June 12, 2013
Government is challenged by the increasing need to embrace organizational change. All types of change. Organizational change that includes attracting (and retaining) new talent at your agency, creating (and managing) new strategy to optimize performance/maximize effectiveness, weeding out duplicative programs and, maybe the most pressing current challenge, navigating (and surviving) the repercussions of sequestration and furloughs.
Leadership is well aware of the need for change in government, but ironically, often doesn’t recognize the change success prerequisite—proactively managing throughout the change process.
Typical change initiatives are initiated like this, with a leader saying (or even worse, thinking): “We probably don’t need to give this presentation on [insert looming change], we’ll just tell employees the change is coming. They need to be ready to ‘deal’ with the change and adjust accordingly.”
Does that careless line of thinking sound familiar? This is, needless to say, not a successful approach to change management. So, how do you manage change? Here are a few suggestions to get started:
1. Define the Challenge
Change is hard. Take a deep dive to more comprehensively understand the needs of an organization adapting to constant change. Fantastic tools are available to initiate the deep dive that can include assessments, interviews, and surveys. This information is accumulated to form the foundation of a process that will not only support the organization, but also enhance the success potential of each project. The critical component to this suggestion is each project. Each change project is unique and should be proactively managed.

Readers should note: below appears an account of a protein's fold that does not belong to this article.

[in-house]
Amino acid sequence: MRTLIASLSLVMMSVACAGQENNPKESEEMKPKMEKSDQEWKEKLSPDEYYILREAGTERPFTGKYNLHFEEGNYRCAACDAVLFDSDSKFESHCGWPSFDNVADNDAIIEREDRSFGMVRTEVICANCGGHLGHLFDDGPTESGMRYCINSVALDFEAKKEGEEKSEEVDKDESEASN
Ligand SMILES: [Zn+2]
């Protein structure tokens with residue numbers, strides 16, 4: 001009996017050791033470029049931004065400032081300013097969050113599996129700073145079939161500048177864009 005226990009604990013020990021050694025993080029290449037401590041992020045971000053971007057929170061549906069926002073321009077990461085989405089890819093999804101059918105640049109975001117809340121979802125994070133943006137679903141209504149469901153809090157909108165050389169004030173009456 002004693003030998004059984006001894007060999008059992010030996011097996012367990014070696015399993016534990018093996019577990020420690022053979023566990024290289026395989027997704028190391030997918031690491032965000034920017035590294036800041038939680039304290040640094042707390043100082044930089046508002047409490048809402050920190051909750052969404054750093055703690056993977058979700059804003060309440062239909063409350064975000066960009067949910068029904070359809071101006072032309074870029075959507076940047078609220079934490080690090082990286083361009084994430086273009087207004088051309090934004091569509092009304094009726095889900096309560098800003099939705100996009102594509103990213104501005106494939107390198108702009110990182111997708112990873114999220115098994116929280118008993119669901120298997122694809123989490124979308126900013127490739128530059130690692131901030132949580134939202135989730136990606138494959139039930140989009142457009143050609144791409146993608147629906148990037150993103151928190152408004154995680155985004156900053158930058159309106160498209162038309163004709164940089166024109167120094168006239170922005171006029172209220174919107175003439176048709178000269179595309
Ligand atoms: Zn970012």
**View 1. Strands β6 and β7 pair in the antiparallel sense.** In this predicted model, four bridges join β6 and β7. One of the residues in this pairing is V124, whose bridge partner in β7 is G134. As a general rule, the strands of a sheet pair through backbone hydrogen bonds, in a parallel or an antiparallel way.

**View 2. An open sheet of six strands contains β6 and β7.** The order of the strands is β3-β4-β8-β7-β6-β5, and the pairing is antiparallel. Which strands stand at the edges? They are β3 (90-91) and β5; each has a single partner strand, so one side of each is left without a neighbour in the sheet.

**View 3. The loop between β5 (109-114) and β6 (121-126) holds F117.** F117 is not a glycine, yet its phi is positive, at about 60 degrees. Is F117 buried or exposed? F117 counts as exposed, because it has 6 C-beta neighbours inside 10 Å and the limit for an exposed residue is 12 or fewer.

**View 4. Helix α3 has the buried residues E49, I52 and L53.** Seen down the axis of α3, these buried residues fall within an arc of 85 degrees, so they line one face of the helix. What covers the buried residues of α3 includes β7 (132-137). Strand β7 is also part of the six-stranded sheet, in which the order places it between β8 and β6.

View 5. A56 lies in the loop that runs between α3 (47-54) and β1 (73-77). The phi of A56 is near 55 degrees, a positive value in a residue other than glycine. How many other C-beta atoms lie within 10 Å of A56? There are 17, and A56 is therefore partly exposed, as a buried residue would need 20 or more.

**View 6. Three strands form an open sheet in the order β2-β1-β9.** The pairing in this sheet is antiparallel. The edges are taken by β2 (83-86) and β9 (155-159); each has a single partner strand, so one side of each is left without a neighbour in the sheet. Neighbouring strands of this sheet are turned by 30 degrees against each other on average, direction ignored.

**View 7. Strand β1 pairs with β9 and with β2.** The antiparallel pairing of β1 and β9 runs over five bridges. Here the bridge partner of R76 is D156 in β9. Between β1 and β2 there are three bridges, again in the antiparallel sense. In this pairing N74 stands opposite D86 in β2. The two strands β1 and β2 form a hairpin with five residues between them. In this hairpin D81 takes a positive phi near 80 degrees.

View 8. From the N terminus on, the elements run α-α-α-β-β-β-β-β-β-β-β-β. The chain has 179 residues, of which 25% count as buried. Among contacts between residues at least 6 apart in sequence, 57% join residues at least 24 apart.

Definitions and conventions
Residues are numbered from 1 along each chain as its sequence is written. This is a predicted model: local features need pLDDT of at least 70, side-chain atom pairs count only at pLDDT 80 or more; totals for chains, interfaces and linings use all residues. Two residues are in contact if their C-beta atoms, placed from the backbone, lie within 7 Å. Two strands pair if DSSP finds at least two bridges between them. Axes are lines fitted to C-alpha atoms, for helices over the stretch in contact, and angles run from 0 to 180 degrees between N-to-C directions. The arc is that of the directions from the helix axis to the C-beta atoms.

2. Create a Change Management Team
Change is not a “one man band.” Create a transformation team representative of the organization to champion the organizational change. The most detailed change process will not help anyone in the organization without an implementation team. Create a Transition Management Team (TMT). The focus of the TMT is to gather information, define the methodology, and guide the strategy from start to finish. The change team can be voluntary or appointed, but it must be representative of the entire organization to be effective.
3. Implement a Strategic Anchor
Make it stick. Institutionalize a series of steps that define the process for each change initiative that is rooted in the current mission/vision as well as strategic goals for the future. Aligning internal processes with currently defined values and norms will familiarize staff with the process and remove elements of ambiguity that are often associated with organizational change.
Organizational change needs to be managed. The steps should be defined to meet the distinctive needs of the organization and the unique nature of each change initiative.
How have you seen leaders help organizations adapt to change?
Image via Madlen/Shutterstock.com
June 12, 2013